Legislature approves legislative, congressional redistricting plan

A big change was creation of the 10th Congressional District.

The state Senate voted 44-4 Wednesday to give final approval to the state Redistricting Commission's map for new legislative and congressional districts for the next 10 years.  The biggest change is creation of a first-ever 10th Congressional District surrounding Olympia.

Senate Majority Leader Lisa Brown called the plan a “testament to the strength of our redistricting process.”

The Olympian reported that one of the Republicans who voted against the plan was state Sen. Jim Honeyford of Sunnyside, who faces a reshaping of his legislative district around Yakima. He said the redistricting commissioners were too focused on politics.

The new district boundaries will take effect after the November election. The state got an extra congressional district because of a growth in population in the 2010 Census.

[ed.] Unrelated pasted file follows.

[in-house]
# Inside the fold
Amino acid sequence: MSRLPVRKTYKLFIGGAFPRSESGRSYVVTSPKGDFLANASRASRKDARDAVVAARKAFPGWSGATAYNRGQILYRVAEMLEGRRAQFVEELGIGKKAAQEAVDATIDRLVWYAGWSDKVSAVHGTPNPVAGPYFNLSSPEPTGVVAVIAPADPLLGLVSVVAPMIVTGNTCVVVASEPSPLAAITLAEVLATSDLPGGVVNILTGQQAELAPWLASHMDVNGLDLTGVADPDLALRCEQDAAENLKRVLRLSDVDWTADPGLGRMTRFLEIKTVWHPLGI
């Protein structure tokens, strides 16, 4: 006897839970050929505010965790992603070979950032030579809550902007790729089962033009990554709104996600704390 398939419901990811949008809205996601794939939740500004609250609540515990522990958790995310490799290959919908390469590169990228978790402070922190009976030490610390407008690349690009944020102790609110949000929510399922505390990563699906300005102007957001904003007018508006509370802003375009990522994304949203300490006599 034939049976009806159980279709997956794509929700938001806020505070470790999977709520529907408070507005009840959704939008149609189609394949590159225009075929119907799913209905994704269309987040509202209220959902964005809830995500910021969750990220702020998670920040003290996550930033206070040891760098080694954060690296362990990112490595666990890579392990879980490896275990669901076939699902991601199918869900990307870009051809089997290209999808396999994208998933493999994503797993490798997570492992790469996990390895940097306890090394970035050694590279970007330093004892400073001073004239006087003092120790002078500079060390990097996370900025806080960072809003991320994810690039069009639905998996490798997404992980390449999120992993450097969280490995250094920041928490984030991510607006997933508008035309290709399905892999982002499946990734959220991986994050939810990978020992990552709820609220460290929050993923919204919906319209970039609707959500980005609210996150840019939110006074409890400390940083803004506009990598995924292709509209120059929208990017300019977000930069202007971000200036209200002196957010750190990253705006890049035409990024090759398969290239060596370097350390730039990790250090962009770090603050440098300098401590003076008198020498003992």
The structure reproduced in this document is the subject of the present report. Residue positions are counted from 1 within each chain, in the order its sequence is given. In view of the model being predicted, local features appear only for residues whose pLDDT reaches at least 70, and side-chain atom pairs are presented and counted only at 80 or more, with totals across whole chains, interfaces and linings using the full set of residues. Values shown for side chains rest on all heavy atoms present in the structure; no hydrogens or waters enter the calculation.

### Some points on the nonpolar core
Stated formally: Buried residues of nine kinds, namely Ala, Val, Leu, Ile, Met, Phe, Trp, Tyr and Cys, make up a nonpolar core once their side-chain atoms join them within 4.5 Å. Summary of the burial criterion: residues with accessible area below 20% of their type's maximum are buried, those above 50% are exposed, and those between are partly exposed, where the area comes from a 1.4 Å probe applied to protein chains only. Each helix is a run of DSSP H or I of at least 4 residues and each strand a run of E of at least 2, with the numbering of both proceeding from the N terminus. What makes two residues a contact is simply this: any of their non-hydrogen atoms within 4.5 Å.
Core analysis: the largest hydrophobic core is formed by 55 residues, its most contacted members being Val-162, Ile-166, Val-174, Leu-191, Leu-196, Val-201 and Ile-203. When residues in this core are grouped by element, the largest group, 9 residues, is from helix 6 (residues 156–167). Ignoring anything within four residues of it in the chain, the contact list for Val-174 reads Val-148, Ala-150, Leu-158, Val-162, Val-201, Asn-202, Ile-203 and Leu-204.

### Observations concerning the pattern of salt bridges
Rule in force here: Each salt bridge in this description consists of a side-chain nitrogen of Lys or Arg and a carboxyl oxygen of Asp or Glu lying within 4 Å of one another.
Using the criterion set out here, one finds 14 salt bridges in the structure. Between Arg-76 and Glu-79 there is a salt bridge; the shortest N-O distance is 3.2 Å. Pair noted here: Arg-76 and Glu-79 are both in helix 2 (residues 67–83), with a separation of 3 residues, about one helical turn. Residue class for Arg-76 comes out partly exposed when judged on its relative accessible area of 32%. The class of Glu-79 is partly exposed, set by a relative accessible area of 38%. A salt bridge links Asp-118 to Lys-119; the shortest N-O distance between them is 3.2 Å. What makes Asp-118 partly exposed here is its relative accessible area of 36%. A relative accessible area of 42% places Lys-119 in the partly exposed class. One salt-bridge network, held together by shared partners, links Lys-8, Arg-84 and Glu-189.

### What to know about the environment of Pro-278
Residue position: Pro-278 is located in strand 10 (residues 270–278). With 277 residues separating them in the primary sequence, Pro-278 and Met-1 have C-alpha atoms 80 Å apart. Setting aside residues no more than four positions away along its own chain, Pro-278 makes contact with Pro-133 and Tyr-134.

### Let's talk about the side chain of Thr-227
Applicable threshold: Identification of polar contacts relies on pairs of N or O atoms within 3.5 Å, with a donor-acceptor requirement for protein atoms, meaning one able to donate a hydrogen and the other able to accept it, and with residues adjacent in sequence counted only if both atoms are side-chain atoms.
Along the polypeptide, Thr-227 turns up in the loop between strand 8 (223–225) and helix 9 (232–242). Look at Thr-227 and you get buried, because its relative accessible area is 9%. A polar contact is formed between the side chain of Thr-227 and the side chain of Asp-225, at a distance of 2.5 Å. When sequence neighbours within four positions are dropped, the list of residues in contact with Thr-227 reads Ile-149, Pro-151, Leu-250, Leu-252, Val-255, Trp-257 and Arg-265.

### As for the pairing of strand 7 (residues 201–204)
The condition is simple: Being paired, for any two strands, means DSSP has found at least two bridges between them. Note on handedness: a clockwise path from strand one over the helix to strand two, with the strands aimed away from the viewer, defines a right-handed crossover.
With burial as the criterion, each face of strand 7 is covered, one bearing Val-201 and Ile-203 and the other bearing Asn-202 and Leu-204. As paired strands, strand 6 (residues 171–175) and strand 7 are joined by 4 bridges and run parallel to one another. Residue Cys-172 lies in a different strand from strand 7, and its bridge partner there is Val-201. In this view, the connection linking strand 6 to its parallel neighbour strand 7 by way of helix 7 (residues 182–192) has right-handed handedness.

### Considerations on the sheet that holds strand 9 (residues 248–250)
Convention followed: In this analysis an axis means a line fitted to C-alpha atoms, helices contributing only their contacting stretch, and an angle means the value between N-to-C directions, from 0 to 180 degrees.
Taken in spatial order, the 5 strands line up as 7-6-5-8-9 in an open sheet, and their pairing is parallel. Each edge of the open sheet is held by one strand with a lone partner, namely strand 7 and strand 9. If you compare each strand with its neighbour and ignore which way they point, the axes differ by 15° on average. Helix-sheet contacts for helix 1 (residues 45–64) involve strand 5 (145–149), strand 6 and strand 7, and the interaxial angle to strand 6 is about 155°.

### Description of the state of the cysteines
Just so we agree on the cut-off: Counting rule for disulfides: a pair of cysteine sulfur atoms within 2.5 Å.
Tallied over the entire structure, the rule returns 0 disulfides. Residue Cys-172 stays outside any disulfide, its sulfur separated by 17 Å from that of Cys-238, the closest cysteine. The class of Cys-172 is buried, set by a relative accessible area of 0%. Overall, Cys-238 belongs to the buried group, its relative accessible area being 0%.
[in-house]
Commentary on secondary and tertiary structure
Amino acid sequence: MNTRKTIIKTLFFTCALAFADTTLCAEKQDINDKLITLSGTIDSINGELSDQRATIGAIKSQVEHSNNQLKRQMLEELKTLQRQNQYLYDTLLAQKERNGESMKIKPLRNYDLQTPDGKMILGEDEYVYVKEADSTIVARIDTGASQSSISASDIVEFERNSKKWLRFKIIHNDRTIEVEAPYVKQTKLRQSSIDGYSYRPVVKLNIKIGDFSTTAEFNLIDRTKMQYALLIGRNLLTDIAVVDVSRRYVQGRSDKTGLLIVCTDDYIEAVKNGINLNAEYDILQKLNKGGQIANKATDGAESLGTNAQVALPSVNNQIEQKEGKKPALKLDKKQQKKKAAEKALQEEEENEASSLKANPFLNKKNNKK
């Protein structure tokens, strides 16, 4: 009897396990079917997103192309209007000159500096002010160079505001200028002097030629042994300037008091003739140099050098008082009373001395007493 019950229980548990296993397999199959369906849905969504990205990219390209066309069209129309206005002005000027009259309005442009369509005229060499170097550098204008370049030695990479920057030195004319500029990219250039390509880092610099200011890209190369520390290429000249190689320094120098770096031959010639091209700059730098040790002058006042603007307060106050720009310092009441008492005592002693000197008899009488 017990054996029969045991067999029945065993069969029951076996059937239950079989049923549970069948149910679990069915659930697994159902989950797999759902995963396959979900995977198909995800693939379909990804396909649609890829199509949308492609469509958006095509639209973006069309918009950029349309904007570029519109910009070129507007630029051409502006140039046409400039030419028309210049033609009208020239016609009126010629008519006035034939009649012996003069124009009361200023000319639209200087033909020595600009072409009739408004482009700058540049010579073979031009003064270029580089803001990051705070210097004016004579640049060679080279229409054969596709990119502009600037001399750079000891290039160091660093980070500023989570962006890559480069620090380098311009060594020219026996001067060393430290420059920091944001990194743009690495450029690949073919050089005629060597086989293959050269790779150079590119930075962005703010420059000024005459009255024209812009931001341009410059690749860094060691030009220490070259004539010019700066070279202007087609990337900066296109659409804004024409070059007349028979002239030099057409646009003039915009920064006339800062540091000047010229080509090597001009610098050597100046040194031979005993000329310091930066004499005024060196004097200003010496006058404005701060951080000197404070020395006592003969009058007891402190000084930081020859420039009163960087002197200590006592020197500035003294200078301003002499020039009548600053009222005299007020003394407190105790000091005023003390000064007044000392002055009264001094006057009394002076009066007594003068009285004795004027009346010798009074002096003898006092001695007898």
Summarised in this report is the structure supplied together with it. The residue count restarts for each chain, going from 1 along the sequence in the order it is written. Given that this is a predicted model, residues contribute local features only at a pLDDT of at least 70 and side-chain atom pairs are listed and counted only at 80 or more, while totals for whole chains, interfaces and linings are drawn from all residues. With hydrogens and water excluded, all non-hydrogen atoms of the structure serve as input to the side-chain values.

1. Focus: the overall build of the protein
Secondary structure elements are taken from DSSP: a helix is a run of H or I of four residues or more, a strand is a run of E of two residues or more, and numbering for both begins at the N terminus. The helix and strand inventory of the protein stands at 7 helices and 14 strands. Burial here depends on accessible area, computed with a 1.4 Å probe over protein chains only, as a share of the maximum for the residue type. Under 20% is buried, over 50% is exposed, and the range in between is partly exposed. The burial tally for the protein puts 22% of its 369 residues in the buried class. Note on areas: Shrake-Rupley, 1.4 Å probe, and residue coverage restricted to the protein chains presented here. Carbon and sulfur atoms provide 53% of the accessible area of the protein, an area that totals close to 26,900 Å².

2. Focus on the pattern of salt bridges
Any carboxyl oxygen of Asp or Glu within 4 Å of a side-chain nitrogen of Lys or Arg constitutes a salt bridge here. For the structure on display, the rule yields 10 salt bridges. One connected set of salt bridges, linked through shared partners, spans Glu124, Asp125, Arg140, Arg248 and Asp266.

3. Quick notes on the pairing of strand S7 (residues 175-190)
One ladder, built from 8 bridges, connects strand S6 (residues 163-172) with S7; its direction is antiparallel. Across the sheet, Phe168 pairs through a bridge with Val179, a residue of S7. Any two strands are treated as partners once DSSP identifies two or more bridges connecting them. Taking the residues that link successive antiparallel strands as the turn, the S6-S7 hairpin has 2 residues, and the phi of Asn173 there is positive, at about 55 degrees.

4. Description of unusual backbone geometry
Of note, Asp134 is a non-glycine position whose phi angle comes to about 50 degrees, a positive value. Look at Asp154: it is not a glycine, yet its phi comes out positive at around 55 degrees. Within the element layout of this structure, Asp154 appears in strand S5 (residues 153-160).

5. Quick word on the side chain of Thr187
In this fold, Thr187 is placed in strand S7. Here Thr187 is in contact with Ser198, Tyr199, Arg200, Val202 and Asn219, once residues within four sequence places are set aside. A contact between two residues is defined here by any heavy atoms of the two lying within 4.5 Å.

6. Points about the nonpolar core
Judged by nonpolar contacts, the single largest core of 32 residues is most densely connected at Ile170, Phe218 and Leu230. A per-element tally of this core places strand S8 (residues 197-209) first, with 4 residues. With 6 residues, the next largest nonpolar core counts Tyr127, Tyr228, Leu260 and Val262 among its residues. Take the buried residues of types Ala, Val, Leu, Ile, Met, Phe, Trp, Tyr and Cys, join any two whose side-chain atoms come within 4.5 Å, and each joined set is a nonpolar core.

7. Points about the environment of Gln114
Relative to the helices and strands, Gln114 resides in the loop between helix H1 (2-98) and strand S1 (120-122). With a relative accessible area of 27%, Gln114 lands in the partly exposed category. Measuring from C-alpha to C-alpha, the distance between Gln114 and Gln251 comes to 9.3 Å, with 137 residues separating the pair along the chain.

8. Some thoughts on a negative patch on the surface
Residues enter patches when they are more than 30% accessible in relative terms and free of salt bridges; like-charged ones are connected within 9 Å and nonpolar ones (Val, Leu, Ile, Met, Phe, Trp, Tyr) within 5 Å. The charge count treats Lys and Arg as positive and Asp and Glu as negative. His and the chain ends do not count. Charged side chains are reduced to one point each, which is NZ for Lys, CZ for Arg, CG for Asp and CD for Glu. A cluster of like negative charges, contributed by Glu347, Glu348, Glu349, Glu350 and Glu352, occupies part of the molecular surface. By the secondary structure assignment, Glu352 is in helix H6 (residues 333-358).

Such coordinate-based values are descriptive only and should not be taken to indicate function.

The other big changes are:

-- In the 9th Congressional District, which currently goes from Renton down to Thurston County.  The District is now held by Democrat Adam Smith.  The new 9th represents only a small piece of Pierce County, but extends upwards into parts of Seattle.  The effect is that the new 9th will be the state’s first district where over 50 percent of residents are minorities. 

-- In the 1st Congressional District. This seat is now held by Democrat Jay Inslee, who is giving up his seat to run for governor. Instead of being centered in the population areas of Lynnwood, Edmonds and Shoreline, the commission has taken those cities out and given the 1st District a large rural area that was formerly part of the 2nd.

“Our biggest challenge was the 1st District,” said Tim Ceis, a Democratic member of the Redistricting Commission.  “We decided that’s where we would try to meet both objectives of having a competitive open seat.”

 “It may easily be the most evenly divided congressional district in the entire United States of America,” said Republican commission member and former U.S. Sen. Slade Gorton. 

Based on party registration of voters, five of the state's congressional districts should be comfortably Democratic, four should be comfortably Republican, and one -- the 1st – will be a toss-up. 

All incumbents will remain in the districts they now represent.